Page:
Influx of media outlets: Disorder or freedom of press?

Erbil, 2021- A group of reporters and their cameramen are covering a press conference. Exclusively for KirkukNow

By Ma'az Farhan

Media outlets in the Iraqi Kurdistan Region IKR are in the raise that each 5,000 residents of Kurdistan have a media outlet and one out of each 71 residents is a journalist, shows figures by the Kurdistan Journalists’ syndicate and ministry of culture of the Kurdistan Regional Government KRG.

Some of the experts believe the media scene is a headache and very chaotic while others are more optimist despite their concerns that the boost in number negatively affects the credibility of media and the quality of journalistic pieces.

Up to 2,000, there were few media outlets in Iraqi Kurdistan, mainly papers, magazines radio stations and TV channels, mainly funded and managed by the political parties. Following the pop up of social media platforms, many effective media outlets now broadcast news, data, information and entertainment via Facebook, Twitter, Instagram, Telegram, WhatsApp, Tiktok and others.

1 journalist among 771 residents

In the last 20 years, Iraqi Kurdistan region has registered 1,259 media outlets of local and satellite TV channels, radio stations, papers, magazines.

Data by Kurdistan journalists’ syndicate shows there are 51 websites, 138 radio stations, 31 satellite TV channels, 85 local TV channels, 695 magazines, 259 papers. Most of the papers and magazines has stopped printing and turned into pages on social media platforms particularly Facebook.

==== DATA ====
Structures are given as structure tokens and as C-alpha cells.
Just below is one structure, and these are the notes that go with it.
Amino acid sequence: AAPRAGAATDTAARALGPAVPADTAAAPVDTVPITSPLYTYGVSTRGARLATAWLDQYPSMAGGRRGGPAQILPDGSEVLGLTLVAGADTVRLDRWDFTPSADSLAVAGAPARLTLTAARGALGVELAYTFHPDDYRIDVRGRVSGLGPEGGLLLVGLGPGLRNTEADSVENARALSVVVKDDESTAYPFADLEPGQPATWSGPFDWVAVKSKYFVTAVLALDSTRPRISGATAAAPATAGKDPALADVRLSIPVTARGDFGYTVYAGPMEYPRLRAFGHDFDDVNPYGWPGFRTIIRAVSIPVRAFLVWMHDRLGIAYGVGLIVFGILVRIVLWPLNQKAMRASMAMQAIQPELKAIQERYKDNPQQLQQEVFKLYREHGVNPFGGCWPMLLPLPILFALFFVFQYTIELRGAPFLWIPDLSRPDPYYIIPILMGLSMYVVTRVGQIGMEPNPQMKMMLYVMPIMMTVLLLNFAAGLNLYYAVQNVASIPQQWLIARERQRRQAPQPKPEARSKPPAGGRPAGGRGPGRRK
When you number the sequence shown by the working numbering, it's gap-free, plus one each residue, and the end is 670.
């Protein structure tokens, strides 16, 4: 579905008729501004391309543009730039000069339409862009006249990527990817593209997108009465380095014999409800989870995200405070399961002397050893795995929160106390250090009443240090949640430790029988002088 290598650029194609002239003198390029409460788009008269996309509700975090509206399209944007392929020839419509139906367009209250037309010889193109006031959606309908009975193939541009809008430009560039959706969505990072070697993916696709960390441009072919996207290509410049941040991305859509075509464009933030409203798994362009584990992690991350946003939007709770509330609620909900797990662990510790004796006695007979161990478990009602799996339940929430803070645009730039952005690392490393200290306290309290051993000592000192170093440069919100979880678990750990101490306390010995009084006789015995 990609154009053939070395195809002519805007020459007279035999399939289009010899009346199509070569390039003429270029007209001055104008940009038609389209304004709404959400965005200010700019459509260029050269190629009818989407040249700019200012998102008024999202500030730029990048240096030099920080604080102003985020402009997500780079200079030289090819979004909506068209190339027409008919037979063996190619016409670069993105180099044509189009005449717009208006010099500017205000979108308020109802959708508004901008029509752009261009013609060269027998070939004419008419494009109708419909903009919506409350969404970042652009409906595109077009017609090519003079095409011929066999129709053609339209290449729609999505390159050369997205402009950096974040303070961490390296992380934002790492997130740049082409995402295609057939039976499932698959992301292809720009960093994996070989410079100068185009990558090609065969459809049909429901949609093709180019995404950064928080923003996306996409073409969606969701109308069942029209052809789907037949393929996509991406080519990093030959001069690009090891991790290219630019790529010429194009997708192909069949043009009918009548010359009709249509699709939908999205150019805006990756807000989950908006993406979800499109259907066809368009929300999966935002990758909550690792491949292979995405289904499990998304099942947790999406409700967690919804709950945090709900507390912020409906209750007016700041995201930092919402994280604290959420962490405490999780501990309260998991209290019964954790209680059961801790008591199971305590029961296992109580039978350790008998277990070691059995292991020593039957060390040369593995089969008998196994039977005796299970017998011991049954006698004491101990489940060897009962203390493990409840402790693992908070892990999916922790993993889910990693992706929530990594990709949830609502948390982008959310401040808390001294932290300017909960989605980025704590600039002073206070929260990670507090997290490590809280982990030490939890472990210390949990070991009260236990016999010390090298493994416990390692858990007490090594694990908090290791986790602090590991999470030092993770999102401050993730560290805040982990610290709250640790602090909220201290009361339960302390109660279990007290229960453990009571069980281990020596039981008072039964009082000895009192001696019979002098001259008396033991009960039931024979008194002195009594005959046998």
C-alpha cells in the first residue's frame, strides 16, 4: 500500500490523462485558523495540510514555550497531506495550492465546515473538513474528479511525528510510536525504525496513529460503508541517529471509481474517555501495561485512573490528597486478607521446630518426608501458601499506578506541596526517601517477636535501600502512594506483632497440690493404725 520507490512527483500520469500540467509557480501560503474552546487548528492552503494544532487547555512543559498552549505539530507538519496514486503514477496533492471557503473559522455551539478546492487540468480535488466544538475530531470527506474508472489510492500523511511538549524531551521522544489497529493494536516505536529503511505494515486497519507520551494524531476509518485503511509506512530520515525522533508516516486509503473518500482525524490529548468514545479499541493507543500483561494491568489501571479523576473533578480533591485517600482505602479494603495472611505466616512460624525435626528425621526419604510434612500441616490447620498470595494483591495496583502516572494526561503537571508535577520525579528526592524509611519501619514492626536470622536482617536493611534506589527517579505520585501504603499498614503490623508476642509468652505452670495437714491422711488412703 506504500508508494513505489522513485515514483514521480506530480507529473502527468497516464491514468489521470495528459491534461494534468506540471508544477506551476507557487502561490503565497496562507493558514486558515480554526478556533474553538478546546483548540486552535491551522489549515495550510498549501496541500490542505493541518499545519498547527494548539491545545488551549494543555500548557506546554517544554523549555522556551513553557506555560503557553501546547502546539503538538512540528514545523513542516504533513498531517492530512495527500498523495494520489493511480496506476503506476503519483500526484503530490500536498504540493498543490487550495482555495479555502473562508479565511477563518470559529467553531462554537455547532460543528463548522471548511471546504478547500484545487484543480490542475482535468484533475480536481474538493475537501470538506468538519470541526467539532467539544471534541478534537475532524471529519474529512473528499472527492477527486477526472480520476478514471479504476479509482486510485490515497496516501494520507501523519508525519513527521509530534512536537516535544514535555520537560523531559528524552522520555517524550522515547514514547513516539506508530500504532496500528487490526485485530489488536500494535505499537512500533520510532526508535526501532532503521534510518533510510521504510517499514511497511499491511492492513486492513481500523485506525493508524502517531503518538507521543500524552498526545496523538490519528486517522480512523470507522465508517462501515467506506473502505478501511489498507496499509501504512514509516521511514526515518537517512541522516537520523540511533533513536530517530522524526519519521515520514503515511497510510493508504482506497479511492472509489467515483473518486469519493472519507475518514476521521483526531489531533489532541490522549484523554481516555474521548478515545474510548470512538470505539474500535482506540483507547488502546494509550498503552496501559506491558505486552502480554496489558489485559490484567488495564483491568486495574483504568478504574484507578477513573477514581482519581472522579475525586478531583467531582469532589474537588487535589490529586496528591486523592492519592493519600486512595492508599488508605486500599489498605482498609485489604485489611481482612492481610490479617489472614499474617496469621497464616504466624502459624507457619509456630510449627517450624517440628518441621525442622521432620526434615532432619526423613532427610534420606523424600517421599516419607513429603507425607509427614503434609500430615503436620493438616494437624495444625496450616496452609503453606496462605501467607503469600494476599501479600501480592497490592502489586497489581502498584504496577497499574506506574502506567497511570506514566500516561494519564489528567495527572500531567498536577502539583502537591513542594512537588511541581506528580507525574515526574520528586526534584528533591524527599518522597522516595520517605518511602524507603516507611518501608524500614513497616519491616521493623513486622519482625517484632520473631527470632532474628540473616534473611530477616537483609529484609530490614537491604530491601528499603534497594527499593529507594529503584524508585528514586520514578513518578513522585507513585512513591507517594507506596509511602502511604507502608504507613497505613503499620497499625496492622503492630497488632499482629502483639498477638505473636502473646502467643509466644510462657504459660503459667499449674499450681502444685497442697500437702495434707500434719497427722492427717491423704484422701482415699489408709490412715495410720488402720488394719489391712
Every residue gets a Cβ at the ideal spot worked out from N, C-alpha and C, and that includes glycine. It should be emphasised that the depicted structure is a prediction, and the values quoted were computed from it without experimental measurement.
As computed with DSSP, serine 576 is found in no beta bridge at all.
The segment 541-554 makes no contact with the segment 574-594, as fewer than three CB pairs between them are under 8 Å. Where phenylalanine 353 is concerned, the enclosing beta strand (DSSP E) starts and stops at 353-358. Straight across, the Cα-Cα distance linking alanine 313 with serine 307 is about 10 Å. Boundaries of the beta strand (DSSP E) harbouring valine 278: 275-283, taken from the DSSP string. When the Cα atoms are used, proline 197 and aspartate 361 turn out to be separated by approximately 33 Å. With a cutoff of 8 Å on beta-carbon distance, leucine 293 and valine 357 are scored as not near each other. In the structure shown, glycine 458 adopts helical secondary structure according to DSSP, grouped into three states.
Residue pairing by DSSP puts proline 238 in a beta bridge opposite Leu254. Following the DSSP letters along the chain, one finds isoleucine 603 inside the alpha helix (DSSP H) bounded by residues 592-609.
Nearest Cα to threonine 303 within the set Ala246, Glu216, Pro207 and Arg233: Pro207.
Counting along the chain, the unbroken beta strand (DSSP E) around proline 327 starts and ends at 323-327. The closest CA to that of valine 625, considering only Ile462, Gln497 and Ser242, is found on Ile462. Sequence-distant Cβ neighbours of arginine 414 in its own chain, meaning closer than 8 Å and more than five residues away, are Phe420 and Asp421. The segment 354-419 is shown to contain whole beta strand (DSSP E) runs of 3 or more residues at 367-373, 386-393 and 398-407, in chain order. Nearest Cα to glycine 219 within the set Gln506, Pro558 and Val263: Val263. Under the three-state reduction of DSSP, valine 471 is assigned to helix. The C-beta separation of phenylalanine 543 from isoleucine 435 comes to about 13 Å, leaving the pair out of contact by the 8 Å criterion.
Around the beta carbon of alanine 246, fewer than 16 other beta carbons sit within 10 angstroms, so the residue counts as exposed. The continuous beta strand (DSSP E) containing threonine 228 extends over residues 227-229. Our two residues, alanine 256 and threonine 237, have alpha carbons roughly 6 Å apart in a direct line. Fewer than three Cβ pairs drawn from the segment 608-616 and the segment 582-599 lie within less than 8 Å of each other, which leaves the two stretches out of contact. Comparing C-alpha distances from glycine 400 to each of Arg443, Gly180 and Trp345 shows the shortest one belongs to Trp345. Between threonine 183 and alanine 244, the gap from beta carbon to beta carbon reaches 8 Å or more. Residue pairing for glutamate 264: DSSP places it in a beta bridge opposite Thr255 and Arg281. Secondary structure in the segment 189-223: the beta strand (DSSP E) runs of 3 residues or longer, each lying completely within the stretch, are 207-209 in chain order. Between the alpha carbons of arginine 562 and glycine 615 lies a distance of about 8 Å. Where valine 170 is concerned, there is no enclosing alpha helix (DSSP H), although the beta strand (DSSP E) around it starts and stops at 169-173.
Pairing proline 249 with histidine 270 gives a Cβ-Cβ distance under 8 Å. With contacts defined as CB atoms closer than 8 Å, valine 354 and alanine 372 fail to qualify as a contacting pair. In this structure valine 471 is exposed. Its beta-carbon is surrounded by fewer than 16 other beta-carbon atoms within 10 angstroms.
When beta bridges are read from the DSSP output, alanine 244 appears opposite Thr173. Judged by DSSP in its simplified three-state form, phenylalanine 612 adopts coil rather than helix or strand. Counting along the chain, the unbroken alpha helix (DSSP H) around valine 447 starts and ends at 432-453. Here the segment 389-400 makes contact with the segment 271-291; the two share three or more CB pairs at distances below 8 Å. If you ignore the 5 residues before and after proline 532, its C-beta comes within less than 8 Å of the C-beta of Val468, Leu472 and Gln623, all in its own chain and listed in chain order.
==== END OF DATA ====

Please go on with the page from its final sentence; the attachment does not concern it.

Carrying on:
Most of local TV stations has got license following 1991 uprising against Saddam Hussein regime under which the media was central and state run while papers and magazine have got license post 2010.

Kurdistan journalists’ syndicate, founded on April 22, 1998, has 8,000 registered members and it is estimated that over 1,000 are working as journalists without registering by the syndicate.

The syndicate believes only 2,500 of its members are actively working for the media and has stopped registration of members in the last two years.

The population of Kurdistan region is 6,171,083 residents according to 2020 figures by KRG’s statistics authority.

According to population, there is one media outlet for each 4,901 people and one out of 771 people is registered as a journalist.

Beside the media outlets, there are thousands of social media pages and platforms working officially and thousands working unofficially for which the KRG has no particular rules and regulations.

About 58% of Kurdistan people use Facebook, 34% use YouTube, 5.3% Twitter and 1.57% Instagram, according to data of Tatcounter, a website monitoring website traffic and browses.

Chaos or freedom of expression

The figures above have divided the media experts in Kurdistan region into two groups. Part of them believe the extraordinary boost is a mess that should be regulated while others who believe in freedom of expression think freedom of expression is a sign for freedom and democracy.

Dr. Yahia Rishawi, teacher of media in the University of Sulaymaniyah, thinks the current scene of media in Iraqi Kurdistan has its pros and cons.

The surge of media outlets does not mean it is a negative situation

“Having more media outlets gives chance for qualitative media to grow and outstand as some media outlets are well organized and hire professional journalists. When there is no plan and censorship then biased media (Shadow media) leaves a negative impact on media credibility be the receiver and professionalism of the media outlet.”

Biased or shadow media is an outlet that claims it is independent in its coverage yet its policy is oriented in favor of its funders in which many cases are key political figures.

“We still have to see the overall image and not say it is all dark. The surge of media outlets does not mean it is a negative situation.